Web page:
2016-2017 GWIS National Council: Rozzy Finn (Editor), Michelle Booze (President-Elect), Stacey Kigar (President), me (Vice President), Laura Havens (Past President). Front row: Jennifer Ingram, Tina Hill, Anne Pumfrey, Jane Sharer Maier, all members of the Board of Directors. 

After two days of meetings, the main conference began on Saturday. The theme of this year's meeting was "Educating Scientists for Effective Science Outreach" and kicked off with a keynote by Dr. Holly Menninger. She gave an awesome talk with lots of advice for how to get started in science outreach. Next were several concurrent sessions, and I gave a talk on some recent research I'm doing on musical aesthetics (which I'll be presenting next week at the International Conference on Music Perception and Cognition - more on that later!). 

After the talks, I spent the rest of the day doing some science outreach at the North Carolina Museum of Natural Sciences.  A particularly interesting aspect of the museum is the way visitors can observe real scientists in their labs. Instead of being hidden in a separate wing, the labs are fully integrated into the museum. The labs have glass walls so that museum goers can peer into the lab spaces and see real scientists doing real science.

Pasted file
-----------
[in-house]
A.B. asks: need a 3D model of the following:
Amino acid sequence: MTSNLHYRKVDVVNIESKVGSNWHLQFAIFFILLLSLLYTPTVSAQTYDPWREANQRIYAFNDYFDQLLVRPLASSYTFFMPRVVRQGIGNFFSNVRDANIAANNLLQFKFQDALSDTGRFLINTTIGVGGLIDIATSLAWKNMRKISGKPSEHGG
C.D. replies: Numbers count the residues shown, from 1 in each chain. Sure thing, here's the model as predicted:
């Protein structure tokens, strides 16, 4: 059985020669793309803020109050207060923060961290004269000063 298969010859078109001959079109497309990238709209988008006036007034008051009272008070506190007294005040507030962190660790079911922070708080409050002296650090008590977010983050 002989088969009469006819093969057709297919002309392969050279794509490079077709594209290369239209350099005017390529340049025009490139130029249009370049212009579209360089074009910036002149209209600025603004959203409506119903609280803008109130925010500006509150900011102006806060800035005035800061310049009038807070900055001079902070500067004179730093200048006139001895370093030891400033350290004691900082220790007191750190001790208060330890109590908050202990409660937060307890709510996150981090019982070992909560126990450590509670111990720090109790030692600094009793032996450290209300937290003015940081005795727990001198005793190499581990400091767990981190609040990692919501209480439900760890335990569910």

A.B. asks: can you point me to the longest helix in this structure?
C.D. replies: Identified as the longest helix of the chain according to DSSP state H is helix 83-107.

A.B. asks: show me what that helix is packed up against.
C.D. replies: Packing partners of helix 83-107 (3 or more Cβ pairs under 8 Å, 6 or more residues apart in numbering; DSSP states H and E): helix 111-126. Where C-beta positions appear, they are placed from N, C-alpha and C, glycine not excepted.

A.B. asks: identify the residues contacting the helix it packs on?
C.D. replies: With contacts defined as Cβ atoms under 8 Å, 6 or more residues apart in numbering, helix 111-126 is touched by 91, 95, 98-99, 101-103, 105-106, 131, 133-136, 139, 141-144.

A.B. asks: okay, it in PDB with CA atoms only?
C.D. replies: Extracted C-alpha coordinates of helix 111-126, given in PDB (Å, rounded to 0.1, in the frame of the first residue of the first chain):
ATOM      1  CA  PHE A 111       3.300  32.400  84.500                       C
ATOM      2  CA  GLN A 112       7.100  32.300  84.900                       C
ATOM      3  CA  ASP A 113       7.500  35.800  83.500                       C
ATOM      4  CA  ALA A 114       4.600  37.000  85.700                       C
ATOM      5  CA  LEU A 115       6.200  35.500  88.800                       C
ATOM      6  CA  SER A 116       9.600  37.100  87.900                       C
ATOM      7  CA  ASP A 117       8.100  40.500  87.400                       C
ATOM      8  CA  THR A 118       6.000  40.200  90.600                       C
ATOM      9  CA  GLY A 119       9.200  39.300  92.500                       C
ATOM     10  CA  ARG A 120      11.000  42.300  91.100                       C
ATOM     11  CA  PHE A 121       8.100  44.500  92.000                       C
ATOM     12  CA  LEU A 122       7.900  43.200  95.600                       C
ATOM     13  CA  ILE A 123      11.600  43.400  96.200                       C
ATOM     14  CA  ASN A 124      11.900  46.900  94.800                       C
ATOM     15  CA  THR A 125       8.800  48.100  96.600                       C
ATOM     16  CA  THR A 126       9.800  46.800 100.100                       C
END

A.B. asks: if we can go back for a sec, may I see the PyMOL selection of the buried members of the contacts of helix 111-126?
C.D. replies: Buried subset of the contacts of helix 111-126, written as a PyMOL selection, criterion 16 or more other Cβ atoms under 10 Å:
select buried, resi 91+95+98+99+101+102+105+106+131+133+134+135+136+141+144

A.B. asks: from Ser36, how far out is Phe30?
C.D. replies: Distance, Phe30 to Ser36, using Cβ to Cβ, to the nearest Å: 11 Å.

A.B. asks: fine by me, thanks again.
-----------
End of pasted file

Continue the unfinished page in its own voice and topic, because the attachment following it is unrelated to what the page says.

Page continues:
The museum also had the coolest space for talks. With a massive screen, stage lights, and an audience on all three floors of the museum, I felt like I was giving a TED talk. It was fun to engage members of the public and hear their questions about my research. 

Speaking at the North Carolina Museum of Natural Sciences.

Speaking at the North Carolina Museum of Natural Sciences.

After the trip to the museum, we headed to the NC State Arboretum for a banquet where I was awarded First Place for my talk.